• national practices put in place by industry, social partners, public authorities, and other bodies that have a role in supporting SMEs;
  • messages brought forward by the employers’ representatives at European and national levels.

The conference is an opportunity for participants to identify ideas that may be turned into cross-country partnerships, and find partners.

It is also an opportunity for participants to understand how they may finance their ideas and turn them into reality. The following funding opportunities will be presented:

  • an Erasmus+ call for proposals, which aims at supporting SMEs engaging in apprenticeships;
  • ESF (to continue/further develop their projects in supporting SMEs to provide training, including apprenticeship placements; also possibilities for the SMEs themselves to access ESF to provide training, including apprenticeship placements);
  • European Investment Bank.



On 19 November 2015, Cedefop, Eurofound,  and the EESC will hold a joint event to present recent findings and initiatives on work organisation and workplace learning, including the results of Eurofound’s 3rd European Company Survey and Cedefop’s European Skills and Jobs Survey.

The half-day event will bring together up to 200 representatives from national authorities, European institutions, enterprises, trade unions, civil society and academia to explore and debate work organisation and skill development practices that benefit both employers and employees.

The event marks the 40 year anniversary of Cedefop and Eurofound - the two longest established EU Agencies - and recognises the EESC’s support in setting up the Agencies as well as its strong tripartite role in EU policymaking. Both Agencies are tripartite organisations with a governing structure of employers, trade unions and governments.

Keynote speakers will include:

  • Nicolas Schmit, President of the Council of the EU Employment Ministers
  • Pavel Trantina, President of the EESC Section on Employment, Social Affairs and Citizenship (SOC)

Registration is now closed.

Event Venue: European Economic and Social Committee, Rue Belliard 99, Brussels, Jacques Delors building, ROOM JDE 62

Event Contact: Corinna Frey, Stakeholder Relations corinna.frey [at]


In June 2015 EU ministers in charge of VET of EU Member States acknowledged the importance of promoting responsive vocational education and training (VET) systems able to strengthen the international competitiveness of the labour force (Riga Conclusions 2015).
Consequently, national VET programmes and qualifications must be developed with a direct reference to global technological and economic requirements and developments.

The November Conference organised by Cedefop offers an opportunity to discuss the quality and relevance of VET in the context of globalisation. It will explore how globalisation influences the review and renewal of VET content and the way it is defined and described. It will look at the synergies and competition between European and International sectoral standards and qualifications with national ones.

The following questions will be addressed:

  • How are national VET systems being influenced by global developments?
  • How are different national VET systems dealing with the challenge of globalisation?
  • Which economic sectors use international solutions and which do not?
  • How far are international VET programmes and qualifications competing with national ones?
  • Are international VET standards and curricula a way to go?
  • How can national authorities benefit from the quality and standards of international sectors and qualifications?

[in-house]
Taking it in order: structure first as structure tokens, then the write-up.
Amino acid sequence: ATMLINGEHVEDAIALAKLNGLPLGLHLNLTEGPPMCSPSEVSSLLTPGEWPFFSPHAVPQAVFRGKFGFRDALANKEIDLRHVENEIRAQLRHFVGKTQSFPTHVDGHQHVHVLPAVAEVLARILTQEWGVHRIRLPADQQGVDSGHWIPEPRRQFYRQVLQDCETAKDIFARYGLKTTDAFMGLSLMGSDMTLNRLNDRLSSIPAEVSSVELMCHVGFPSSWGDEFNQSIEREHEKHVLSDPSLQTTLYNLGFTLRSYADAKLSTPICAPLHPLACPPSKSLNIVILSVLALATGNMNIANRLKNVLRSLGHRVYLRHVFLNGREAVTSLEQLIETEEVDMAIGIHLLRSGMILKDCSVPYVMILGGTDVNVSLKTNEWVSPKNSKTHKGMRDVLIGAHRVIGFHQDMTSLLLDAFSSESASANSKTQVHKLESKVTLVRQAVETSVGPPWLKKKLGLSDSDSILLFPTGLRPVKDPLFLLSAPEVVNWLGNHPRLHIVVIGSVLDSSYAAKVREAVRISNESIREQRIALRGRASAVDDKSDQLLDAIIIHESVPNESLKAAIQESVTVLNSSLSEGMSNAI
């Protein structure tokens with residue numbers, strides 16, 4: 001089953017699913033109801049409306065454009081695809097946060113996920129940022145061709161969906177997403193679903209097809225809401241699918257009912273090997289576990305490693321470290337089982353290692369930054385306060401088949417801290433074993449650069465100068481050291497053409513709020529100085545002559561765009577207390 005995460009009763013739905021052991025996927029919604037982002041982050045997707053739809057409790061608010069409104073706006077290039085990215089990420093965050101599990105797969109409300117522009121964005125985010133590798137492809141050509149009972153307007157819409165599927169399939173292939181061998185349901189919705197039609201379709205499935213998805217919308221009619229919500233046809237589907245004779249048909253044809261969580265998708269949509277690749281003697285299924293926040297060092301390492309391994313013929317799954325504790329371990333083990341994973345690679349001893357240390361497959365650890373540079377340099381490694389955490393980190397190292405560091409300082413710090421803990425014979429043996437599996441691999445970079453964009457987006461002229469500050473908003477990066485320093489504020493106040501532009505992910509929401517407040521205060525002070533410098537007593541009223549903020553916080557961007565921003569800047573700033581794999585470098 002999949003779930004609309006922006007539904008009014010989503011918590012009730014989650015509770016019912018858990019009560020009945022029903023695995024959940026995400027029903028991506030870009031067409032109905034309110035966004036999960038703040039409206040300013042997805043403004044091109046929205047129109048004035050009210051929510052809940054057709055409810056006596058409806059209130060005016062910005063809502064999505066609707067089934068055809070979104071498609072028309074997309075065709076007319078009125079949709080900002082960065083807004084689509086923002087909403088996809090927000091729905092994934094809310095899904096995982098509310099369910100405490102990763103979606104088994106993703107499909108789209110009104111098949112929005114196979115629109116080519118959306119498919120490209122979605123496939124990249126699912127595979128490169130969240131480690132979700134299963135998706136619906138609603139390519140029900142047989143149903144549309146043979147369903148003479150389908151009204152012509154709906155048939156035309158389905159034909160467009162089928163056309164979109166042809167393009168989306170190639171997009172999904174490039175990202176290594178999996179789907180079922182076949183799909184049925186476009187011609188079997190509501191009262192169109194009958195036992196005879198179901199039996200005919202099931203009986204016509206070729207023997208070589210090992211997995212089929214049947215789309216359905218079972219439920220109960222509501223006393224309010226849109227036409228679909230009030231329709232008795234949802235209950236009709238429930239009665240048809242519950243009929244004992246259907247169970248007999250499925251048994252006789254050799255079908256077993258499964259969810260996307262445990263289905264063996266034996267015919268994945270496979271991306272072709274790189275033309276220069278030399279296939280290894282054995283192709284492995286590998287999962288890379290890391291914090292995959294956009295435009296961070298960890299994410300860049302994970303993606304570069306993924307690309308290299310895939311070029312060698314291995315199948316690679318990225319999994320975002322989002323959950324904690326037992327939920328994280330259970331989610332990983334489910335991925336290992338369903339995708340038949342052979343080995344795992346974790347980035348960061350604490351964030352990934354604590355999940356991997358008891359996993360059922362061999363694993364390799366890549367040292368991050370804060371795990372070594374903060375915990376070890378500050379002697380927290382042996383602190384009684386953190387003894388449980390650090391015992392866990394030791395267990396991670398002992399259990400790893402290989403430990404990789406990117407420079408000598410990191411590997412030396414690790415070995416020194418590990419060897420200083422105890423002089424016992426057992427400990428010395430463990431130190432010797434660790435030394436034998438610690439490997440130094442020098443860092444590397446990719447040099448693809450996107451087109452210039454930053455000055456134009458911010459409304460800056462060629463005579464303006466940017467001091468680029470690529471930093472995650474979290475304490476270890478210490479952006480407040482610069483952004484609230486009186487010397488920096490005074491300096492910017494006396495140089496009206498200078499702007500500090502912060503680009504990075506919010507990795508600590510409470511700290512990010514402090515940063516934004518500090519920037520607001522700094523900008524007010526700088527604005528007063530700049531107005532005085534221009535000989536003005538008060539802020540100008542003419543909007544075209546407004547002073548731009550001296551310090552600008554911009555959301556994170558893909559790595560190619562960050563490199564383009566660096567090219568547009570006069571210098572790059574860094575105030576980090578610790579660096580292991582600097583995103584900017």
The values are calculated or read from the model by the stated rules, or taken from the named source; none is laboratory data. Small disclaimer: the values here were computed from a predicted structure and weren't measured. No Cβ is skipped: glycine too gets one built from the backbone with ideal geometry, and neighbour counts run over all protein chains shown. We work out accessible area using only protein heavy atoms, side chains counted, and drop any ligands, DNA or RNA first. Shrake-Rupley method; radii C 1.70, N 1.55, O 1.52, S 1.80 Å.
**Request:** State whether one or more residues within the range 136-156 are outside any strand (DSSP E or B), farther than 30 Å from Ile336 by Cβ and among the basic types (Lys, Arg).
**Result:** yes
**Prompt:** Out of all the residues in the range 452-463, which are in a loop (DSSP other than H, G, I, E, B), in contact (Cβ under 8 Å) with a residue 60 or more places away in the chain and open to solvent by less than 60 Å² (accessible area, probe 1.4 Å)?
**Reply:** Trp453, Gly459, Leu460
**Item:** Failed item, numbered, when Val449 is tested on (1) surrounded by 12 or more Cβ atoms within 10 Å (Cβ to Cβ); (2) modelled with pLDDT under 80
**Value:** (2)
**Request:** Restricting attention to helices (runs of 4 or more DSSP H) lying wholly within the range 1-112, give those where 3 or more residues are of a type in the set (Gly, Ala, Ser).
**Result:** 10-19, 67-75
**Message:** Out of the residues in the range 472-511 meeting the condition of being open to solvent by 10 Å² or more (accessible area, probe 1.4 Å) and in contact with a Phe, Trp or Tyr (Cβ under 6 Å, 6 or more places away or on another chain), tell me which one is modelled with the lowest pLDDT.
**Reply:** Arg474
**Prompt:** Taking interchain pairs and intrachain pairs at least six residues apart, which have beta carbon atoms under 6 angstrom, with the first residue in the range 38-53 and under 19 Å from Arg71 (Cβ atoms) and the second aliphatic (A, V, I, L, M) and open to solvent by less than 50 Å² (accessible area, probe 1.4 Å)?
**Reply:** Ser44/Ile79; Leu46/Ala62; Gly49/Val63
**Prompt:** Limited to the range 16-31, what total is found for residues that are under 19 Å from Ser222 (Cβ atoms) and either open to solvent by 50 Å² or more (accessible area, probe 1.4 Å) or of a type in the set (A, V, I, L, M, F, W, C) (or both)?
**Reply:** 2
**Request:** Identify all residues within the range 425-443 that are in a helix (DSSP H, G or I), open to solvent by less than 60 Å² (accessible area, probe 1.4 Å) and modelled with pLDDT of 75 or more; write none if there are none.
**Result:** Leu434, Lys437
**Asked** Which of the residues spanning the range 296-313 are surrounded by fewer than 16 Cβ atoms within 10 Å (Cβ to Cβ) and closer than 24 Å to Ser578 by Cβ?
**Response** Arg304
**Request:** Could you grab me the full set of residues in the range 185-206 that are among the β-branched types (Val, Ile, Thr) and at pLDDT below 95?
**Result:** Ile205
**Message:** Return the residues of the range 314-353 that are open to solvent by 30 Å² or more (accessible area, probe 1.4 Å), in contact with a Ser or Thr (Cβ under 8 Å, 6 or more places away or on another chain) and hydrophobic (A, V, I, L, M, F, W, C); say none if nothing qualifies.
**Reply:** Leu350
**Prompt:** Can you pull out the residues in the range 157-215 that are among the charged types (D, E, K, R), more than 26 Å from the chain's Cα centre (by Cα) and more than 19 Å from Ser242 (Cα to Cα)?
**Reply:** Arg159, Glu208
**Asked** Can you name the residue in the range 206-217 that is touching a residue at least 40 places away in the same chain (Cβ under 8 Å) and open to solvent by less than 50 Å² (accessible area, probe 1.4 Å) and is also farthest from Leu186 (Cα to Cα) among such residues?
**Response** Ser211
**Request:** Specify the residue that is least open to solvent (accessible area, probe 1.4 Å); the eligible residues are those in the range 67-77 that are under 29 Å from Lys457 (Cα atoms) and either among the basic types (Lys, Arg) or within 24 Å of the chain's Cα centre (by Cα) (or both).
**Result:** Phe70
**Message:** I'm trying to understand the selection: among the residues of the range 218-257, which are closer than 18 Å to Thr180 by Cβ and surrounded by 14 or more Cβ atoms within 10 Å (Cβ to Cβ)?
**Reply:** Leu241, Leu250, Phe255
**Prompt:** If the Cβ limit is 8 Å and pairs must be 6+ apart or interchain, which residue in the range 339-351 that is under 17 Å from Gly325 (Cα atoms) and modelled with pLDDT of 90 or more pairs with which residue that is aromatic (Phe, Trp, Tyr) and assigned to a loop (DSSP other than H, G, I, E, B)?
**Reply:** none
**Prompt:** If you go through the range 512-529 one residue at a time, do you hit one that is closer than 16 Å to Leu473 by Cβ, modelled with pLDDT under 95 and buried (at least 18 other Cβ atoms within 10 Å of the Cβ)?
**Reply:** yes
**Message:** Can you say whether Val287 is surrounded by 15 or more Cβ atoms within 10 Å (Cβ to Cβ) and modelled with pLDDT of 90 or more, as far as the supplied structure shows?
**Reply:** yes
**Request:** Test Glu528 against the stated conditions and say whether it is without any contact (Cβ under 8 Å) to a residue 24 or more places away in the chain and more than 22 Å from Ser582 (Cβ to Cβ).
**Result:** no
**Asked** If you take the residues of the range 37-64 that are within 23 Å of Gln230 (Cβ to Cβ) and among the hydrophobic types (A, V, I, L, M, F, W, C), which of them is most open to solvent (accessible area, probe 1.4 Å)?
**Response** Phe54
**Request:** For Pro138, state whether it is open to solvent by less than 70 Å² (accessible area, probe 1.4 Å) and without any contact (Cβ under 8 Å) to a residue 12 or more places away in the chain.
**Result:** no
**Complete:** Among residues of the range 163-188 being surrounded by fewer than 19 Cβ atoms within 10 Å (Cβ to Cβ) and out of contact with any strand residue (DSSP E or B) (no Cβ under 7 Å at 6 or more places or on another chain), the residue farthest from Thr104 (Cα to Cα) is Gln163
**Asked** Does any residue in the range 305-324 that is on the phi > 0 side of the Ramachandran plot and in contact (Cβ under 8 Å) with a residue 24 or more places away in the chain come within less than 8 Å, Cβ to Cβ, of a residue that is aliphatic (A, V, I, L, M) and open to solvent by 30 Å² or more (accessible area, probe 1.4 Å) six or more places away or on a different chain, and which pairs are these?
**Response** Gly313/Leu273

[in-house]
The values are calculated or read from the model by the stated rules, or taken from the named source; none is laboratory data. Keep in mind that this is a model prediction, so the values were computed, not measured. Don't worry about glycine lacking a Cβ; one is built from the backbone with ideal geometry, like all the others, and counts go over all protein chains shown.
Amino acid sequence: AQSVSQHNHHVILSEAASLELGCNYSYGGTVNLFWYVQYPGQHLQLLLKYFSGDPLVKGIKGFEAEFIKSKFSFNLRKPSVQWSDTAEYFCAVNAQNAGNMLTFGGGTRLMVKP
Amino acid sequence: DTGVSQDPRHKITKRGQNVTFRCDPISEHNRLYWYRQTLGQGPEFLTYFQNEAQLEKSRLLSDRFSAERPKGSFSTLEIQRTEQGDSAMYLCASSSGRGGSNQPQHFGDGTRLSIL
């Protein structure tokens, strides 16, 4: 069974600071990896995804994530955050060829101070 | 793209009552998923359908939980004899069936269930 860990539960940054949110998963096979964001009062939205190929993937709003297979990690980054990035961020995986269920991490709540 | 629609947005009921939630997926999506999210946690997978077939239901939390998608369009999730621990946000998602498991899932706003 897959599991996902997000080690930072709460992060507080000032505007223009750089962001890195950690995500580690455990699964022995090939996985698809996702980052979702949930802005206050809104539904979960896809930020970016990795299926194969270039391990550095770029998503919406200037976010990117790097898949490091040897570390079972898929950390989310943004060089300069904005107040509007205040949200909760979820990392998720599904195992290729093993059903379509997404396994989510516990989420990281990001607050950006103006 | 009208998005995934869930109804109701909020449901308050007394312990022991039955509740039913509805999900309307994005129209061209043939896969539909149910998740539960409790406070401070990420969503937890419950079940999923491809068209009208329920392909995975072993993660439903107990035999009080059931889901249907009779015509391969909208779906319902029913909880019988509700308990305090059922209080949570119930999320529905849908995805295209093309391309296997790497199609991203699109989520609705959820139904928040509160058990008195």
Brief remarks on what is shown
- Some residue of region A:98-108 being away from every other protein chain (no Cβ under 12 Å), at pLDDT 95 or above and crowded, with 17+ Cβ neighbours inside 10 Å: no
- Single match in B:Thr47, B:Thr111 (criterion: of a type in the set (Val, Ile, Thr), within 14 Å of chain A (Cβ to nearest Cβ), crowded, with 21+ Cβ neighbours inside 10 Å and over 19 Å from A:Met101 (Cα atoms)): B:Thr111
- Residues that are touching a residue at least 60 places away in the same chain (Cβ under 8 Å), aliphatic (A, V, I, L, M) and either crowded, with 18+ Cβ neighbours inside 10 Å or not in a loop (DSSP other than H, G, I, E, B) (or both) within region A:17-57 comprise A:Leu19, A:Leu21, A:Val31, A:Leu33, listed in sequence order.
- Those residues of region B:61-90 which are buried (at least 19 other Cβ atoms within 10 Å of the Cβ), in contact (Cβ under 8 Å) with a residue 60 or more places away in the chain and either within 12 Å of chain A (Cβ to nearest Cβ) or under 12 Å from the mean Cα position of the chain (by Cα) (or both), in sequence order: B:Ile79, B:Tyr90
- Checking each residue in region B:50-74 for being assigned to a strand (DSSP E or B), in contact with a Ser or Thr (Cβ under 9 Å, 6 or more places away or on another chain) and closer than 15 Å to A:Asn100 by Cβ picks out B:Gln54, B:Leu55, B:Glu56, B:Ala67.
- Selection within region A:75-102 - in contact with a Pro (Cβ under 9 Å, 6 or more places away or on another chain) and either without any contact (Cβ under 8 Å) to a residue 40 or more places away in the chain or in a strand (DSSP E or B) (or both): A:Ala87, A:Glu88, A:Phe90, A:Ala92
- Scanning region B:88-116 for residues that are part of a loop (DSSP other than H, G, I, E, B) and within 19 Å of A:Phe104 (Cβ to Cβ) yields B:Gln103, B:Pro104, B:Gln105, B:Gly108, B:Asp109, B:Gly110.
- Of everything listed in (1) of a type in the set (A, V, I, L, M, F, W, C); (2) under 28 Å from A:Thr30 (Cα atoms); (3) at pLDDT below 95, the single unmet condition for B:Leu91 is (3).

• Can international sectors awarding international qualifications respond to national criteria establishing education and training programmes?

National perspectives and solutions on developing relations between the public sector, the sectoral bodies and multi‐national companies, will be discussed including mechanisms to recognise skills and qualifications that can assure quality and instill confidence. The role of economic sectors as ICT, welding, banking and finance, food and drink, automotive, social work in driving these developments will be given particular attention.

The event aims at discussing these and other issues and seeks to illustrate how solutions need to be sought at the interface of local needs and global requirements.


At this event Cedefop will present its new European Skills and Jobs (ESJ) survey and discuss results from its overall research agenda on skill mismatch.

The aim of the conference was to stimulate discussion and identify key policy priorities, challenges, and applicable solutions to the problem of skill mismatch, with particular emphasis on the role of public-private partnerships and of supportive public policies. Experts in skills and skill mismatch, along with representatives of governments, social partners, education and training, and the labour market engaged in a series of discussions structured around two key thematic pillars:

  1. Future challenges for VET: Impact of technology and workplace change on skill needs
  2. Fostering partnerships in the workplace: rising up to the challenge of skill mismatch

Relevant to these pillars, the major issues considered and discussed during the conference regarded:

  • strengthening the effectiveness of public policies (e.g. work-based learning, ALMPs) to facilitate transitions from school to work and unemployment back to work;
  • improving the efficiency and responsiveness of public training programmes to labour market needs;
  • ensuring that the benefits of new technologies are transformed into more and better jobs and lower wage inequality;
  • improving the responsiveness of VET systems and institutions to innovations and changing skill needs, so as to better anticipate and tackle skill shortages;
  • allowing VET providers to act as catalysts of enhanced social cooperation in tackling skill mismatch;
  • developing and using the skills of the workforce by redesigning jobs, adopting better human resource management practices and raising job quality.

The objective of the conference was to inform policies that could stimulate skills demand through innovation and better jobs and be effectively matched to the skills of young and adult workers, as stated in the revised priorities for VET agreed by the European Commission, Member States and social partners at Riga in June 2015 (‘Riga Conclusions’).